This isn't about the free market.
False. It is removing arbitrary restrictions on business. This is about the free market.
There is nothing arbitrary about selling insurance. The individual states have the right to dictate what policies - based on coverages and other terms - can be sold within their state. Any insurance company who creates a plan that meets those standards can sell it there. They are defined by the states for their own states. If a state wanted to they could drop all the requirements and let every company sell every policy; there is no federal restriction preventing that from happening.
If you dramatically increase the number of different health insurance plans that any given office is expected to be able to handle ...
Irrelevant. Not my problem. We are freeing the market. Adapt or die.
So then when the cost of medicine goes up even more, and smaller offices go broke because they can't handle the enormous number of policies (which will further increase the cost as physician supply goes down as a result) you will be OK with that?
Could you go further off topic if you tried?
I didn't go off-topic at all.
You indeed went off topic. The topic was not about regulations but you inserted your fact-free monologue on it anyways.
There are no federal regulations preventing the sale of insurance from state A in state B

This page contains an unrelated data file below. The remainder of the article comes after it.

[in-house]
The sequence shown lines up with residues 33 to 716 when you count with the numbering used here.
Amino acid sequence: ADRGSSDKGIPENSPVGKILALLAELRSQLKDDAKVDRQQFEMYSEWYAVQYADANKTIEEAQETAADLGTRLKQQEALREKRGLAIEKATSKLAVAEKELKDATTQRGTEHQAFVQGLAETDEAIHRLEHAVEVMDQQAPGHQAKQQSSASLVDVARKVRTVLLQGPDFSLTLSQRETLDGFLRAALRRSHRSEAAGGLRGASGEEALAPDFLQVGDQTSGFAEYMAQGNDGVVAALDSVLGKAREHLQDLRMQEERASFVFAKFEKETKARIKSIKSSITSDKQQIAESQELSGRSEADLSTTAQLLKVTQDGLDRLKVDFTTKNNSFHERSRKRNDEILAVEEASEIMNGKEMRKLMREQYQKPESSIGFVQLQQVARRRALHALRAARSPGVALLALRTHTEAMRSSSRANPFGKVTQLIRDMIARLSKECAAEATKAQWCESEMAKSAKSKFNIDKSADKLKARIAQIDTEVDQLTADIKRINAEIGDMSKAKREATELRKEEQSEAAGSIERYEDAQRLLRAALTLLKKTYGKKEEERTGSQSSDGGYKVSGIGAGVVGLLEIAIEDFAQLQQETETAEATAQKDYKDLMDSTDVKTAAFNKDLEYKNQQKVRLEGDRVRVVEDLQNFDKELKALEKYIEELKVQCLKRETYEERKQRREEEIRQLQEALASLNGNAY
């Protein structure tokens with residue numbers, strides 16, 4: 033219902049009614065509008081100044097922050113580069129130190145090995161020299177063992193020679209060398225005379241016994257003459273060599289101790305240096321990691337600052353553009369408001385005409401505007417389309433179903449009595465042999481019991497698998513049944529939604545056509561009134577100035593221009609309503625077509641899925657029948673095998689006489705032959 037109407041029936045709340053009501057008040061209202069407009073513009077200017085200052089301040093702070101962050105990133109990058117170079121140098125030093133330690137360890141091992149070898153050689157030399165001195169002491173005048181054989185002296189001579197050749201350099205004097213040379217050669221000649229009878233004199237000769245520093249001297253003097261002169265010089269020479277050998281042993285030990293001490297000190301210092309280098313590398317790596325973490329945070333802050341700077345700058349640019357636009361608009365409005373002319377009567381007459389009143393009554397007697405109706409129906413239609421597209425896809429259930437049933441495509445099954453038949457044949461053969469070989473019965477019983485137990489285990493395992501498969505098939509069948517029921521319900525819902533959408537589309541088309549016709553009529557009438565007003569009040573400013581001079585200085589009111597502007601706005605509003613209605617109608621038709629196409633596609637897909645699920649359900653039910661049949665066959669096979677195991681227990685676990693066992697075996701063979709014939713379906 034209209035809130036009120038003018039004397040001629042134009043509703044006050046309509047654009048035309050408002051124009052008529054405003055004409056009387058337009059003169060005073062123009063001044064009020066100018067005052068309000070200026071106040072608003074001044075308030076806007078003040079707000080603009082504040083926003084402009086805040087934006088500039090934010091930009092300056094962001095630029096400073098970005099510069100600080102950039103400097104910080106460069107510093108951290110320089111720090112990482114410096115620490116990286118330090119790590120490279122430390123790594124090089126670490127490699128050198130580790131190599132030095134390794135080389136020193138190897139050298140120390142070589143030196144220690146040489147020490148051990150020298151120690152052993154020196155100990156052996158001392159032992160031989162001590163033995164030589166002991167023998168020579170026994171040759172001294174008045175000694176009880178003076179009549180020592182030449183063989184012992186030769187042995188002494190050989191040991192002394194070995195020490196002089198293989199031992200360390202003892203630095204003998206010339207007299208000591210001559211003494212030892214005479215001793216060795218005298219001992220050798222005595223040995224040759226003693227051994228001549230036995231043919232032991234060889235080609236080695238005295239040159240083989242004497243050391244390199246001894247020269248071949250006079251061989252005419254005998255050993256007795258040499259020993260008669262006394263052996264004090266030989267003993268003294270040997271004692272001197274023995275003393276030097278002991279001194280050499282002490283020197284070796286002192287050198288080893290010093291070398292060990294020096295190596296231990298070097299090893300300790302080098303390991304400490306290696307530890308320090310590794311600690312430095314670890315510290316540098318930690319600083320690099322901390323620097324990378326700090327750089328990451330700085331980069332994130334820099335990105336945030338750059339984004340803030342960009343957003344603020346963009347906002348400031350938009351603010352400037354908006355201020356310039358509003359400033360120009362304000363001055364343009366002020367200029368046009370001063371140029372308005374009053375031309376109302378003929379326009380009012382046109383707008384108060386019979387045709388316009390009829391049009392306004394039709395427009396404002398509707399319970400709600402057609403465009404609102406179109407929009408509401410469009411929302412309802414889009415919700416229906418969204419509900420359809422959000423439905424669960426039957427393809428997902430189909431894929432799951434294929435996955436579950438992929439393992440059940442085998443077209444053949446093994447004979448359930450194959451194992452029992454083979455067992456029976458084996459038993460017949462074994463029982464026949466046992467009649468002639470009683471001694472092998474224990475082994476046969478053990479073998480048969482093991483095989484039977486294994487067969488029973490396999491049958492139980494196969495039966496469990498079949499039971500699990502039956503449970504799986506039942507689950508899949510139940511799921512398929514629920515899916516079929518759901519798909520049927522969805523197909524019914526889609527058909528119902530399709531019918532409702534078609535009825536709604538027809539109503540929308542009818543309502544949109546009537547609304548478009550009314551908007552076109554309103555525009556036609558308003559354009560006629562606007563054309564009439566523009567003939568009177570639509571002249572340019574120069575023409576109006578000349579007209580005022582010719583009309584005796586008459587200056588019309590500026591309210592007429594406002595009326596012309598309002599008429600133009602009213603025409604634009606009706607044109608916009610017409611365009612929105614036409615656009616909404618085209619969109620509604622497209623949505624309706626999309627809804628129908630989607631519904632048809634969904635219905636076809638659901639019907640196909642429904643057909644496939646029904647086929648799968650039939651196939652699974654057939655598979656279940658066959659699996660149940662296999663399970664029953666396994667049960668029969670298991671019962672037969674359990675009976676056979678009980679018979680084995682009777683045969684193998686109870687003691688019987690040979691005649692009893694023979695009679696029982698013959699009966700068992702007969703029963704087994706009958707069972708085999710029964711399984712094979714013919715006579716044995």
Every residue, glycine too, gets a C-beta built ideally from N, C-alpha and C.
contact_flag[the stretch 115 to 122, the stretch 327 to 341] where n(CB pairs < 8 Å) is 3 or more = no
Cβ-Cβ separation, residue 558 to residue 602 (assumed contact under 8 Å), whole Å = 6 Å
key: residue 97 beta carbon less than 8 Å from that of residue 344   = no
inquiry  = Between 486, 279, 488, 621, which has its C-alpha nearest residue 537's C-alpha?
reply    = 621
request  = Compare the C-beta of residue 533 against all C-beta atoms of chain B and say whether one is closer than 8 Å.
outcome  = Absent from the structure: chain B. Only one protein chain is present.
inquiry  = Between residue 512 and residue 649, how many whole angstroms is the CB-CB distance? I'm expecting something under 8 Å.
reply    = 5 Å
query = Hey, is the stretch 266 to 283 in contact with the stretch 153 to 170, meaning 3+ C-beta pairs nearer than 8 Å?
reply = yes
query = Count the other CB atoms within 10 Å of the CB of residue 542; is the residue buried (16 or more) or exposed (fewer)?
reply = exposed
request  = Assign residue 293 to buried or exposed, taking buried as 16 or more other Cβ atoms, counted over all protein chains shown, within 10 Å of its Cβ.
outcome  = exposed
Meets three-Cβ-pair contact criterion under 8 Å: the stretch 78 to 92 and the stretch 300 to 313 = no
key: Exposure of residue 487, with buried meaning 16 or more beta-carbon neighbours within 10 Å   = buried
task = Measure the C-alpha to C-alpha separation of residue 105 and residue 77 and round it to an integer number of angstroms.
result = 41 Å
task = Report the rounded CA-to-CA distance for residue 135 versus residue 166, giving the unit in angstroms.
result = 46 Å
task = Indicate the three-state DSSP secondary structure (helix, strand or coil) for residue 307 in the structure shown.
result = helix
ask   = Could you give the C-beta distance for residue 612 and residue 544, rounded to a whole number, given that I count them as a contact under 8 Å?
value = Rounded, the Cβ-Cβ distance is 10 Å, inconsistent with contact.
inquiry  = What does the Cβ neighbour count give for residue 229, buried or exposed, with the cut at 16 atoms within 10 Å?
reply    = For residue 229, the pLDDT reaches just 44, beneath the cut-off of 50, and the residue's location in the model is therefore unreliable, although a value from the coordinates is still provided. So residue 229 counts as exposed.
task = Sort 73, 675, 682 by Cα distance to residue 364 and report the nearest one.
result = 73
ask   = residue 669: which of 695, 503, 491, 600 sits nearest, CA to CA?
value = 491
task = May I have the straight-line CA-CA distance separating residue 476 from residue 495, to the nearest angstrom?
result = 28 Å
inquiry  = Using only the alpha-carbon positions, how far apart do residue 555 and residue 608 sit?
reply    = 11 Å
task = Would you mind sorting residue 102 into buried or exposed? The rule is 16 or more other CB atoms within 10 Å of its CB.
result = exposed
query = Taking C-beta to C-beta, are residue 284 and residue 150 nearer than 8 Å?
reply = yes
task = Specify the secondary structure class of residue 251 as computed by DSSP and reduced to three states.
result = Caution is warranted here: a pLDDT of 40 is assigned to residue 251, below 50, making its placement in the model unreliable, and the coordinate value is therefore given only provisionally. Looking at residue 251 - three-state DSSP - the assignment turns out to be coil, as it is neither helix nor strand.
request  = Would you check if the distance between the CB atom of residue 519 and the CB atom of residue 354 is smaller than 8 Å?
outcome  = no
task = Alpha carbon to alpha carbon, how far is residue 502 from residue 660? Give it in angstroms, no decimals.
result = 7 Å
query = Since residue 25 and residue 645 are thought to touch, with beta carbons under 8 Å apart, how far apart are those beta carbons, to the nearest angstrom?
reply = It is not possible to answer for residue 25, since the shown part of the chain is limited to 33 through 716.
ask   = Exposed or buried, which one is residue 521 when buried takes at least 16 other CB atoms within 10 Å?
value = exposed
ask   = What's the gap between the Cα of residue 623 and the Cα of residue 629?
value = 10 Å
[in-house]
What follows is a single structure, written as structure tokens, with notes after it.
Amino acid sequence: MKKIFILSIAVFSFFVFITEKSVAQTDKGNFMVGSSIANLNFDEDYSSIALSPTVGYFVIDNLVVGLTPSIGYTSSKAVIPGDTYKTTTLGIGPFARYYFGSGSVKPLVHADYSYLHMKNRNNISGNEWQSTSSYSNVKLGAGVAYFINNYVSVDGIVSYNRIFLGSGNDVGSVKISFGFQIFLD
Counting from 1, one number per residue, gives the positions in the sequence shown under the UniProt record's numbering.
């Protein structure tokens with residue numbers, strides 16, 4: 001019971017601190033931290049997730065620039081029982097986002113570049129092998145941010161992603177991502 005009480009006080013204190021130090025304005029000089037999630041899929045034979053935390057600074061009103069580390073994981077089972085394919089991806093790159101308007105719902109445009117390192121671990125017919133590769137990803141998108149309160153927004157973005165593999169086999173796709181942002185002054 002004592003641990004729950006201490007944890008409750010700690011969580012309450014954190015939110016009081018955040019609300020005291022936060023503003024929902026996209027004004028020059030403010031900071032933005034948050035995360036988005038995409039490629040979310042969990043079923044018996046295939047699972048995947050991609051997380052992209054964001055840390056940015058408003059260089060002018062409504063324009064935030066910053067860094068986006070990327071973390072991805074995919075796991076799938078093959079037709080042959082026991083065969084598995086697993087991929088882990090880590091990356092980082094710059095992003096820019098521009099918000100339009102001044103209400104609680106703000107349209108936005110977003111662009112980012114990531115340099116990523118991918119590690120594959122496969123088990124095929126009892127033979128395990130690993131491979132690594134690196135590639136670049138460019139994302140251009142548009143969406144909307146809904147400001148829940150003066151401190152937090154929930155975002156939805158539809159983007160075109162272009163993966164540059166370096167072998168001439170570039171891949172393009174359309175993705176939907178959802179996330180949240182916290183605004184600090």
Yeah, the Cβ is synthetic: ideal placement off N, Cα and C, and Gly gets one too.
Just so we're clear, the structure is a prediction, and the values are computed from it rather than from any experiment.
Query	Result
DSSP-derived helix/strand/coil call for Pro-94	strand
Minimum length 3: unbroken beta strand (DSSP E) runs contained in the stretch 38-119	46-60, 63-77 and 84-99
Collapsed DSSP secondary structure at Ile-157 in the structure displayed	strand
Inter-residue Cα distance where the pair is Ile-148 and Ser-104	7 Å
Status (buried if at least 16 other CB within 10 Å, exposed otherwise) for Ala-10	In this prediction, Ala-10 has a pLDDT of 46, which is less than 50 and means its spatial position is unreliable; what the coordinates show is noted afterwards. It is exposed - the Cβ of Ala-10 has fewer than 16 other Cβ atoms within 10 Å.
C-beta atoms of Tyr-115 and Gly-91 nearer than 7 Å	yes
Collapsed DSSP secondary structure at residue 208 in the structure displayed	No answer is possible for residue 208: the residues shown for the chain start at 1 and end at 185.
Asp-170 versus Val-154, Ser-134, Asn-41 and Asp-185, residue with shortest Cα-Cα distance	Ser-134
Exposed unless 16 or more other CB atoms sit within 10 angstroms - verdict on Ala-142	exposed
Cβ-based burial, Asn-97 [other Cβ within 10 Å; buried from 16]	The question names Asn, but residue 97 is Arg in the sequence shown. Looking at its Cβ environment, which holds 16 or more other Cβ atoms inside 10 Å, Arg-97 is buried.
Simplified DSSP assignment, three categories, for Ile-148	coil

So? I wonder why you think you're making a point.
My point is that the unicorn I was mentioning is actually increasing federal powers by removing powers from states.
indeed what the conservatives are looking to do with their proposal is to usurp the state right to refuse plans
I do not recognize the "right" of any government to ban the sale of a legal product or service.
So then tell me about the insurance you carry on your motor vehicle. Did you have a right to choose any level of insurance you want? What if you want to pay only $5 month and have coverage of only $.05 for each person in an accident? Do you have a problem with your state not allowing you to choose a policy with such terms?
Furthermore that idea will increase the cost of delivering health care.
Even if that is true -- it's not
You're lying. It is true that such a policy would increase the cost of healthcare, for exactly the reasons I just laid out.
Isn't health care reform supposed to make health care more accessible? How do you make it more accessible and more expensive simultaneously? Or do you not care about that? What is your motive then?